I once imagined sea days would drag on. Now I have to consciously take a couple of hours out, folding myself into an armchair in the Explorer Lounge for a spot of reading. By 5pm, though, I'm back in the Living Room for an informal Q&A encounter with Jeremy Paterson. Passengers' questions range from whether the Vikings knew the Earth was round to how they navigated, and how 10th-century King Harald Bluetooth gave his name to wireless technology. I learn that Viking women could own property and initiate divorce, that the Vikings kept bees but didn't have horns on their helmets: a late 19th-century invention of opera costume-makers.
The Q&A, informative but as relaxed as a pub conversation, encourages me to find out more about Norway's ancestors in Viking Star's little Viking museum on Deck 2. Here I discover that the Vikings were big on grooming; archaeologists have uncovered abundant combs, tweezers and ear scoops. Also on display is a fire-starter pouch that would have contained a flint stone, linen tinder, birch-bark tinder and splinters of spring pine infused with flammable resin. I'm particularly taken with a sculpture of Thor, god of thunder, and a reliquary from Trondheim dating from 1125 that, though made to contain the remains of a Christian saint, bears Viking design motifs.
The Vikings, I also learn, never recorded anything on paper. Most of what we know about them comes from the hostile views of others. Still, their vocabulary supplies us with some of our most basic English words – egg, birth, die, husband, knife, bag, leg, get and give, sky, four of our names for days – as well as navigational terms such as keel and starboard.
By early evening, on-board pianist Eva is presenting traditional Norwegian music on the ivories while Edvard The Scream Munch's paintings celebrating nature and architecture grace a big screen. Ocean ships often labour to convey a sense of place – after all, they tend to wander the world – but Viking Star is proving the perfect match for this Norwegian cruise. Norwegian culture is celebrated, and the ship's Nordic design of blonde wood and stone is complemented by etchings, paintings and sculptures from mostly Norwegian artists.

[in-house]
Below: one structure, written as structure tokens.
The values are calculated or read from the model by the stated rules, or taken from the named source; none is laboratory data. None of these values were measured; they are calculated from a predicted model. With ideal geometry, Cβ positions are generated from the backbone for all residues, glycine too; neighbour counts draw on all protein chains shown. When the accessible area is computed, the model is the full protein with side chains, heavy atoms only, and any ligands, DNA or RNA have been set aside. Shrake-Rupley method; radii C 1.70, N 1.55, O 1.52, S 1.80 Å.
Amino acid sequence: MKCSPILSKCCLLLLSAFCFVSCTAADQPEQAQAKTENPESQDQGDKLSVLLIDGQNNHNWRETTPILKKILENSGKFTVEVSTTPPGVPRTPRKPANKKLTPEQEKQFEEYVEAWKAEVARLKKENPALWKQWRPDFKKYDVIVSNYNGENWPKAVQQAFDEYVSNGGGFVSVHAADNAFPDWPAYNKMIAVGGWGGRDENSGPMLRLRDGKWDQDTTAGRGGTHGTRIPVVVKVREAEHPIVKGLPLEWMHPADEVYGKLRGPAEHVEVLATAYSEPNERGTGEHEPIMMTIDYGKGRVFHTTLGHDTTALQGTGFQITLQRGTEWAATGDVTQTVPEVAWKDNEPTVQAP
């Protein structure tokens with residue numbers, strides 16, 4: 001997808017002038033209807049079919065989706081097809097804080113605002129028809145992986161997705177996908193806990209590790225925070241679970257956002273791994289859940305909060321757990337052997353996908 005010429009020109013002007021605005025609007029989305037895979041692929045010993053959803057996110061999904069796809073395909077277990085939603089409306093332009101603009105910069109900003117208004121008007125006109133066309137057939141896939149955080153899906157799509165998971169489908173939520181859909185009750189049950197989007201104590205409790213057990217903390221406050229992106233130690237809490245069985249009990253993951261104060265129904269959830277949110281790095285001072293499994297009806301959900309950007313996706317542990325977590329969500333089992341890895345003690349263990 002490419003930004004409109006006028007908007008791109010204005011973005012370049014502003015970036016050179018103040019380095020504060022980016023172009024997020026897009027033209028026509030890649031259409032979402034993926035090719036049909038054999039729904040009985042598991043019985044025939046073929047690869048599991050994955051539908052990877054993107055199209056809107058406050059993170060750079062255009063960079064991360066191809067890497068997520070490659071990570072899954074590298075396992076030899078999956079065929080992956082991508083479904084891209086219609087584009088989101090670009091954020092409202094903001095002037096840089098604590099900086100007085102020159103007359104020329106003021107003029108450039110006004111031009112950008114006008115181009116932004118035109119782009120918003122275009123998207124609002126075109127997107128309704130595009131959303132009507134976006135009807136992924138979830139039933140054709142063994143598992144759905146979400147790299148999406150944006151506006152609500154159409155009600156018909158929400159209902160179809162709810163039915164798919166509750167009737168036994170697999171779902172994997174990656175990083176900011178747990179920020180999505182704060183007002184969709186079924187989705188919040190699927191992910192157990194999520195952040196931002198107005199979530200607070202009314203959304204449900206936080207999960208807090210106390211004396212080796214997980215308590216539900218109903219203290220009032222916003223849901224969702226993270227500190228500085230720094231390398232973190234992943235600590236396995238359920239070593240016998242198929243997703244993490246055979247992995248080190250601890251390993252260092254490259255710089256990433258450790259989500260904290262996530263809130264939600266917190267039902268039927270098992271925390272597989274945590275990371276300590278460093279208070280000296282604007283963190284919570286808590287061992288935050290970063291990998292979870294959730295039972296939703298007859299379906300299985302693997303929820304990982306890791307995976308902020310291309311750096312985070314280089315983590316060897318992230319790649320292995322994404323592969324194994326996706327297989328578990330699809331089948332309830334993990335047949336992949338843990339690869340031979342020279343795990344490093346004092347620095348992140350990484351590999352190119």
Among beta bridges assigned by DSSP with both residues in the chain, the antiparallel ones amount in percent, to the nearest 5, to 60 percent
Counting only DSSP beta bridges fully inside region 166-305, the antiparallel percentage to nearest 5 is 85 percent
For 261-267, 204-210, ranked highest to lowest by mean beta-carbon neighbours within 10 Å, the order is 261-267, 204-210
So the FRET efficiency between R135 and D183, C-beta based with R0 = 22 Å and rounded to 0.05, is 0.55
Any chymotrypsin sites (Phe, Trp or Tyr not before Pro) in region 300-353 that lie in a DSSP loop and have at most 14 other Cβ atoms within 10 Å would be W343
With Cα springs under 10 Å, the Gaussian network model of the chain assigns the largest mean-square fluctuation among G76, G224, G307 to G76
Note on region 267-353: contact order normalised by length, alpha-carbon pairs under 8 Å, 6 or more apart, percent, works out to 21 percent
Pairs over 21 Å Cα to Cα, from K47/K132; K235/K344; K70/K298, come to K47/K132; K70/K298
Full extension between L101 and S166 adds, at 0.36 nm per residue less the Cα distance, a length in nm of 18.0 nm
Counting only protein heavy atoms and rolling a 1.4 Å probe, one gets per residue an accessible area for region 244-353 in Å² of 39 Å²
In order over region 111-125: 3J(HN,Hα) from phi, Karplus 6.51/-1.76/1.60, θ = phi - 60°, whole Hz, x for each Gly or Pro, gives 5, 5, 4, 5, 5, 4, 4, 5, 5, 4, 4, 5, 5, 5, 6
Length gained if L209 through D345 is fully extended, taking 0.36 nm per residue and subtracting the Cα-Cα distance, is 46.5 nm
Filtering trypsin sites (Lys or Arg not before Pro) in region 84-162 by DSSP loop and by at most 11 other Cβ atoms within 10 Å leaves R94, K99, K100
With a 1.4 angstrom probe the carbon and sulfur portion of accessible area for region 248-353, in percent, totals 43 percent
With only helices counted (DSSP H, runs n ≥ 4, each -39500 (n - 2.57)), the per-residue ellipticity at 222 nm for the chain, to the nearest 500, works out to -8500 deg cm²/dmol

Viking patterns are woven into carpets, cushions and the metal lattices of the Wintergarden. Scenes from the Bayeux tapestry decorate Viking Star's stairwells. Perhaps they'd look strange in the Caribbean but here, this story of Norman invasion is another reminder of the Norsemen whose influence was once felt across Europe.
I'm not sure where the day has gone, but I've missed the shuffleboard and team trivia, and afternoon tea in the Wintergarden, and a talk by lawyer Dr Christopher Whelan on the dilemmas posed by the science of therapeutic cloning. I've no time for a visit to the spa, with its hot tub and warm-water pool and the challenges of its cold-bucket shower and ice-filled snow grotto. Still, I sneak in the port talk on Tromso, our next port of call.
The summer sun is still high in the sky as I head down to the main restaurant for dinner. Mountains provide drama through the windows. I tuck into a starter of crispy soft-shell crab with roasted pepper aioli, followed by chicken breast wrapped in Iberian ham with rustic vegetable casserole. Shall I finish with a Grand Marnier souffle with orange-caramel custard? I think so. It's a day at sea, and I'm in no hurry.
Brian Johnston travelled as a guest of Viking Cruises.
The writer sailed an 'Into the Midnight Sun' cruise between Bergen and London, with next departures in June and July 2018 and 2019, from $9999 a person, twin share. Viking Star sails until June 2018 in the Mediterranean; June to September in Scandinavia; and September to February, 2019 in North America, Cuba and Panama.